Clinton comes to AU to campaign, answer questions


A Clinton on campus


She may not be the presidential candidate, but the second most famous female Clinton came to Augustana on Wednesday.

More than 300 people came to listen to Chelsea Clinton speak in the Froiland Science Complex, and the Mikkelson Family Auditorium ran out of room.

Dozens of people were forced to peak out a window above the auditorium to catch a glimpse of Bill and Hillary’s only child campaigning for her mother.

“I think this is the most important presidential election of my lifetime,” the 36-year-old Clinton said.

She cited her recent motherhood as intensifying her beliefs but admitted that she would probably feel that strongly regardless.

“Even if I weren’t a parent, I’d think this is the most important election of my lifetime,” she said.

Clinton spoke uninterrupted (except for applause) for 12 minutes before opening up to questions.

She focused on climate change, equal pay for equal work and, given her setting, the cost of education.

Chelsea brought up her mother’s campaign goal of providing free community college to any student and free tuition at four-year public universities for students from families which make less than $125,000 per year.

audienceClinton added that she fears her mother’s political opponent, Republican candidate Donald Trump, was a risk “to the progress that we’ve made over the last seven-and-a-half years under President Obama’s leadership.”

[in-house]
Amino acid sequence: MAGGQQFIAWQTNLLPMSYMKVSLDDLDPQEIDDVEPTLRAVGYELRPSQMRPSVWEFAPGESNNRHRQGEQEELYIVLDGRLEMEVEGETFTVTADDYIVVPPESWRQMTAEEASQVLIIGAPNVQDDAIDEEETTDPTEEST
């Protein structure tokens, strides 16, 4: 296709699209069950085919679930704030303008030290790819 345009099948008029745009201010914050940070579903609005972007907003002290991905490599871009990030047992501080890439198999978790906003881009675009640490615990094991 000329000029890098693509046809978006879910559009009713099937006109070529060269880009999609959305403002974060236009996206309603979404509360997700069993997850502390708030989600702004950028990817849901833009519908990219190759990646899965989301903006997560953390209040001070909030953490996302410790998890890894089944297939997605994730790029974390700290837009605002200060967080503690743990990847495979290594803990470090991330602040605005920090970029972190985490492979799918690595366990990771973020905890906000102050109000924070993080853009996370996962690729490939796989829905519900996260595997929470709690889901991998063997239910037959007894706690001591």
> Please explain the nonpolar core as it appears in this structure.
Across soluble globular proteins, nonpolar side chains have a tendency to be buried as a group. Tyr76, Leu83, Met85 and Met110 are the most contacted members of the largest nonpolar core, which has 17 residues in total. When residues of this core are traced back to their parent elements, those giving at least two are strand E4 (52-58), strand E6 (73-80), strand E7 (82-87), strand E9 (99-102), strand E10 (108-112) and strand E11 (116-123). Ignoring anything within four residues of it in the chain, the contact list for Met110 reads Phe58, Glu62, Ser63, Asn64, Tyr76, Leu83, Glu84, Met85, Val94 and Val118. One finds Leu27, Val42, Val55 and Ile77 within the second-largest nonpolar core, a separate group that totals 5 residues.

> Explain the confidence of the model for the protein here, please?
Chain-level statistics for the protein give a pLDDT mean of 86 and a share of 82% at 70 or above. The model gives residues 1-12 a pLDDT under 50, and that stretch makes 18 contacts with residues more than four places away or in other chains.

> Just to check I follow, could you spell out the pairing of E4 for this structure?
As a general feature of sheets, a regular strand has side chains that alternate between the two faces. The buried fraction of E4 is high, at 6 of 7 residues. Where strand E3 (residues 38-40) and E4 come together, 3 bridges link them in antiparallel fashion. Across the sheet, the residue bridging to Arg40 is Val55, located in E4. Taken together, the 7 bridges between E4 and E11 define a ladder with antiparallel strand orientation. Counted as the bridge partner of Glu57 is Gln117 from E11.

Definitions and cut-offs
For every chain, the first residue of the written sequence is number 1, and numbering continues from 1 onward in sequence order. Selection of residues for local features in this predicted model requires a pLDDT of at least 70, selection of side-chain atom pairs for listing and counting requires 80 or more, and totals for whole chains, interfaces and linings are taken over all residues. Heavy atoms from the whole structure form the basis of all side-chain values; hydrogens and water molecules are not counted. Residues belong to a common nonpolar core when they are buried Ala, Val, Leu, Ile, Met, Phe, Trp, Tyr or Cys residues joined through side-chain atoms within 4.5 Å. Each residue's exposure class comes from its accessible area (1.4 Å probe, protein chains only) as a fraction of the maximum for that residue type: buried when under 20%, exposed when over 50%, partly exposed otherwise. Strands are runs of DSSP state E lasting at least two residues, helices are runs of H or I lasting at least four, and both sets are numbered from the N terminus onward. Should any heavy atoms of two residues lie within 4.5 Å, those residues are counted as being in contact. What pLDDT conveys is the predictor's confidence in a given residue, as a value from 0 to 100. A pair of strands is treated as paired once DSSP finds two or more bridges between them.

“I worry that our core values as a country are at risk,” Clinton said.

After her speech, she answered questions for 25 minutes. Two questions came from Augustana students. Senior Sophia Silverman asked if Hillary Clinton will push for less expensive contraceptives.

Sophomore Luca Amayo asked if Hillary can shrink what he sees as a racial divide in the country and, especially, the Midwest.

Junior Spencer O’Hara, president of the Augustana Democrats, was the catalyst in organizing the event. He worked as a field director for the Clinton campaign during the South Dakota Democratic Primary and has maintained a connection with the campaign since.

“The Clinton campaign reached out to me and asked me if they could use this space at Augustana to have a [surrogate] here,” O’Hara said. “They never told me what [surrogate] it was.”

A surrogate is someone who travels on behalf of a political candidate to attend fundraisers or give stump speeches.

O’Hara wasn’t sure who the Clinton campaign would ask to come to Augustana or even if it would happen at all.

“It just worked out that because Chelsea [had] other events in the area that she would be able to make a stop at Augustana,” O’Hara said.

Members from local TV stations and media outlets attended the event, and people from outside the Sioux Falls area did, too.

Marilyn Kokesh, a mother of Augustana graduates, drove 70 miles from Scotland, S.D., to hear Clinton speak.

Kokesh heard Hillary and Chelsea speak in 2008 when Hillary was running against Obama in the Democratic Primary, and she was excited to hear Chelsea, whom she labeled “a great speaker,” again.

“I think it’s wonderful, because it helps involve the young people,” Kokesh said. “I’m hoping that the Bernie [Sanders] fans will move over to Hillary. Since South Dakota is predominantly Republican, it’s nice to have a Democratic candidate’s family member visit us.”


Blog at

%d bloggers like this: